This report would not be complete without giving thanks to my family, friends, teammates, coaches and supporters. Ya'll are the best. You've kept me motivated, healthy, and somewhat sane through this past six months. Thanks for putting up with me. I love you all.

After some well deserved recovery, I'll be off to the next challenge. I'll keep you posted.....

Sunday, June 14, 2009

It's On....

And it has been a bit hectic of late. We completed our last few workouts in the past weeks. Trying to recover from the hellish amount of training we've endured. We have ridden in cold, wind, rain and hail. Sometimes all at the same time. We've run in bonechilling cold and stifling humidity that was so bad I drank water the rest of the day and still couldn't get my weight back to normal. We've stood shivering on the deck in January waiting to jump in the pool. And made the mad dash back to the locker room before a layer of ice forms on our wet bodies.

No, all of our workouts have not gone as planned. We've had to cut corners and roll with the punches as family life and factors beyond our control get in the way. But, have we done enough. Time will tell. We have.

We are fewer now than when we started back in January. Some have chosen to drop out because it didn't fit with their current goals. Others have been forced out due to injury. For those who didn't make the journey with us on the roads, you were with us in spirit and for those who were forced out due to injury, I can only say....."This one's for you."

We are ready to depart and do this thing called Ironman. 140.6 miles really doesn't seem that far at this point. Just another long training day with over 2000 of our closest friends. One June 21st in Coeur D'Alene, Idaho at 7:00 am, we will each embark on the day's journey of highs and lows. We've learned something about ourselves this past 6 months. Whatever our motivations for being here, we all seek to push our limits and see what we're made of. Oh....and to hear Mike Reilly say...... "(your name here).....You are an IRONMAN!!!!"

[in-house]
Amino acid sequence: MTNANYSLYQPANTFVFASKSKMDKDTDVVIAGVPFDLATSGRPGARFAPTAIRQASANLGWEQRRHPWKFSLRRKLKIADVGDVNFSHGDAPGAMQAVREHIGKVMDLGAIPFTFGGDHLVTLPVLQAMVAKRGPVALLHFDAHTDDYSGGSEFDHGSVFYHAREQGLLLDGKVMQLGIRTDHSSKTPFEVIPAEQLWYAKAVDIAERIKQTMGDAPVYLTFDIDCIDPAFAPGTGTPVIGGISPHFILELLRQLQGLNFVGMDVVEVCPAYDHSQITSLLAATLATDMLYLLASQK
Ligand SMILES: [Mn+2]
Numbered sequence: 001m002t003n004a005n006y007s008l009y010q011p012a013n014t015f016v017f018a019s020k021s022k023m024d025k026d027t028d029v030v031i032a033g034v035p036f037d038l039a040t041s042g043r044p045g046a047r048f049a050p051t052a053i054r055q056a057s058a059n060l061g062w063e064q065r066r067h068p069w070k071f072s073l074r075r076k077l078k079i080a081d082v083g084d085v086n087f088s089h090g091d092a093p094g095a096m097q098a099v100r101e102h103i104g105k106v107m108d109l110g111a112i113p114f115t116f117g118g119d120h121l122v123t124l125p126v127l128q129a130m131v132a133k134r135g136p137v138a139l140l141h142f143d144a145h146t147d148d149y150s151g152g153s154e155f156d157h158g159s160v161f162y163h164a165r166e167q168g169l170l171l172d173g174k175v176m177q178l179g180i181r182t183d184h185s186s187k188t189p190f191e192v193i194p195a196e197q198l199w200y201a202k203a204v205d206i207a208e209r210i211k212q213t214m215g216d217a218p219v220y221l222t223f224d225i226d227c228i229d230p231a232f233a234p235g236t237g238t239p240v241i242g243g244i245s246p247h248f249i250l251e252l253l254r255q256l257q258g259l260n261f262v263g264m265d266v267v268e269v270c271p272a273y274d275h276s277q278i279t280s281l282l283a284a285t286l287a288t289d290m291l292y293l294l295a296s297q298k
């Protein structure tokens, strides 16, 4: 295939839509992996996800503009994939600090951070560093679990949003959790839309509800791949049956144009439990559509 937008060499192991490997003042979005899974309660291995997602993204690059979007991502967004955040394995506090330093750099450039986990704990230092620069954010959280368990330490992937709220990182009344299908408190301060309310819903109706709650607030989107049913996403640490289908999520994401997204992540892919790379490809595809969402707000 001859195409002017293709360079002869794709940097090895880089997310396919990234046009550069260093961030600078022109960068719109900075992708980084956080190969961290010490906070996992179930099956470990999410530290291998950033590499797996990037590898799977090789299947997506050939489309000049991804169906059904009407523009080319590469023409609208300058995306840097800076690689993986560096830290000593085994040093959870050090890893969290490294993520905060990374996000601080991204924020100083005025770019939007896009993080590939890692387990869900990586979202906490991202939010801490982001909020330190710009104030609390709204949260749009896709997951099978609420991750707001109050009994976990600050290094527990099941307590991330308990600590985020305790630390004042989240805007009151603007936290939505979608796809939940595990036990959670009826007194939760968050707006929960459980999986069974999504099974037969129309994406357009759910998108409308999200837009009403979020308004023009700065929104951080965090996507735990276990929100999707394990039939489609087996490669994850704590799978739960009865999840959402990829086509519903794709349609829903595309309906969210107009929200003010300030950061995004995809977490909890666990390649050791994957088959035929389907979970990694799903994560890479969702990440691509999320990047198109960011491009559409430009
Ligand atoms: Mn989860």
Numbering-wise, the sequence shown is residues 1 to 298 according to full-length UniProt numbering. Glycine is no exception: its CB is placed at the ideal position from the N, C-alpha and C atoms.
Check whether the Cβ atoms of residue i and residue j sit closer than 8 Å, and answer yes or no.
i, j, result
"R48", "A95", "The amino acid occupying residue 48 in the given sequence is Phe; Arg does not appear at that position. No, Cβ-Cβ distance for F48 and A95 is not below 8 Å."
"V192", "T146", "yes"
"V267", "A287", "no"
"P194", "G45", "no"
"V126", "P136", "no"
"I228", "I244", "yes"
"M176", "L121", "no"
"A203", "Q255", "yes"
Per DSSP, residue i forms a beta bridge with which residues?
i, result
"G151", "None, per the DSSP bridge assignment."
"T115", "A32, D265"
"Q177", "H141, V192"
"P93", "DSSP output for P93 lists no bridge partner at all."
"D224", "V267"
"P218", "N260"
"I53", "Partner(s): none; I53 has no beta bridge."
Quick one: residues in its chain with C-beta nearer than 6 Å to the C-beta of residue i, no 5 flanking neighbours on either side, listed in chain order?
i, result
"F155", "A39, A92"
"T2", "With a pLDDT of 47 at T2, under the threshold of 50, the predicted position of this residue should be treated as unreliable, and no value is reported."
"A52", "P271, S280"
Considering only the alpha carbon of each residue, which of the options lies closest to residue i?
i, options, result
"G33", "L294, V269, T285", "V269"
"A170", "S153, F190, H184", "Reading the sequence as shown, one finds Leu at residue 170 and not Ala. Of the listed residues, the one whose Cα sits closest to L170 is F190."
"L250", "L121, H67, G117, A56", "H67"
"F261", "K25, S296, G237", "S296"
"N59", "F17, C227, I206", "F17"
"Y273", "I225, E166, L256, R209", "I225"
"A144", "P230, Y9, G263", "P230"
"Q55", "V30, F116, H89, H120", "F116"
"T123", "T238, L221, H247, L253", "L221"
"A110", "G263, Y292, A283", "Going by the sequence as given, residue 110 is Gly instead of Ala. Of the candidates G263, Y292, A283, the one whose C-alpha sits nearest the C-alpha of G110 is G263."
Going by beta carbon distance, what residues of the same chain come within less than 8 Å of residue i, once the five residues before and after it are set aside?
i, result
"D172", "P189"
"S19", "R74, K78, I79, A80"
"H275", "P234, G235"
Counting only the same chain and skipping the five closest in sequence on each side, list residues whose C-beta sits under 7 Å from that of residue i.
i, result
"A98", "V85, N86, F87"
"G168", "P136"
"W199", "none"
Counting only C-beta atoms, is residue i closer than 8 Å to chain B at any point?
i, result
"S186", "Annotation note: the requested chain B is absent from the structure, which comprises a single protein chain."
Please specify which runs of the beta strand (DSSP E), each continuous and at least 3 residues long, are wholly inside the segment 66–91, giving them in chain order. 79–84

Wish us luck and follow us on line at www.ironmanlive.com.


Friday, May 29, 2009

It's been a while..

I haven't posted in some time. Either I'm too tired to write or just plain didn't feel like it. The miles have ramped up since the last time I posted. Here are some highlights...
1. A Twenty mile run the Friday of mother's day weekend. I met Joe Blackistone at 6:00 am and we were off. I swear it was 100 % humidity. The last ten kicked my ass. I somehow managed to make it to work, where I was...ahem....less than productive.
2. We've had injuries and accidents a plenty. The low-light was losing Maria to a broken arm. We were having a great ride. At the time of the accident we weren't going any more than 10 mph when she touched someone's wheel and went down. Instant broken arm. Highlight of the ordeal: when asked by the EMT to rate her pain level on a scale of 0-10, she replied..."zero."
3. Logan seems to be recovering from his injured shoulder. He's still battling some aches and pains. We all are.
4. As for me, I'm reduced to running about once a week due to heel pain. Still I managed a 7:54 / mile pace off the bike for 13 miles last weekend. This was following 40 brisk miles on the bike.
5. The heel is feeling better, now I have to resist the urge to pound out some useless junk miles in the next two weeks.
6. Getting excited about the race. I find I'm more distracted at the office and at home. Daydreaming about race day. Trusting our that our training has been enough for me to reach my goals.
6. The rainout day two weekend ago was an adventure. Riding through driving rain down Hwy 620 and beating it back to the house with my fellow T3'rs in tow. Nothing like hot cup of coffee and a dry jersey to shake out the chills. 78 miles would have to be enough.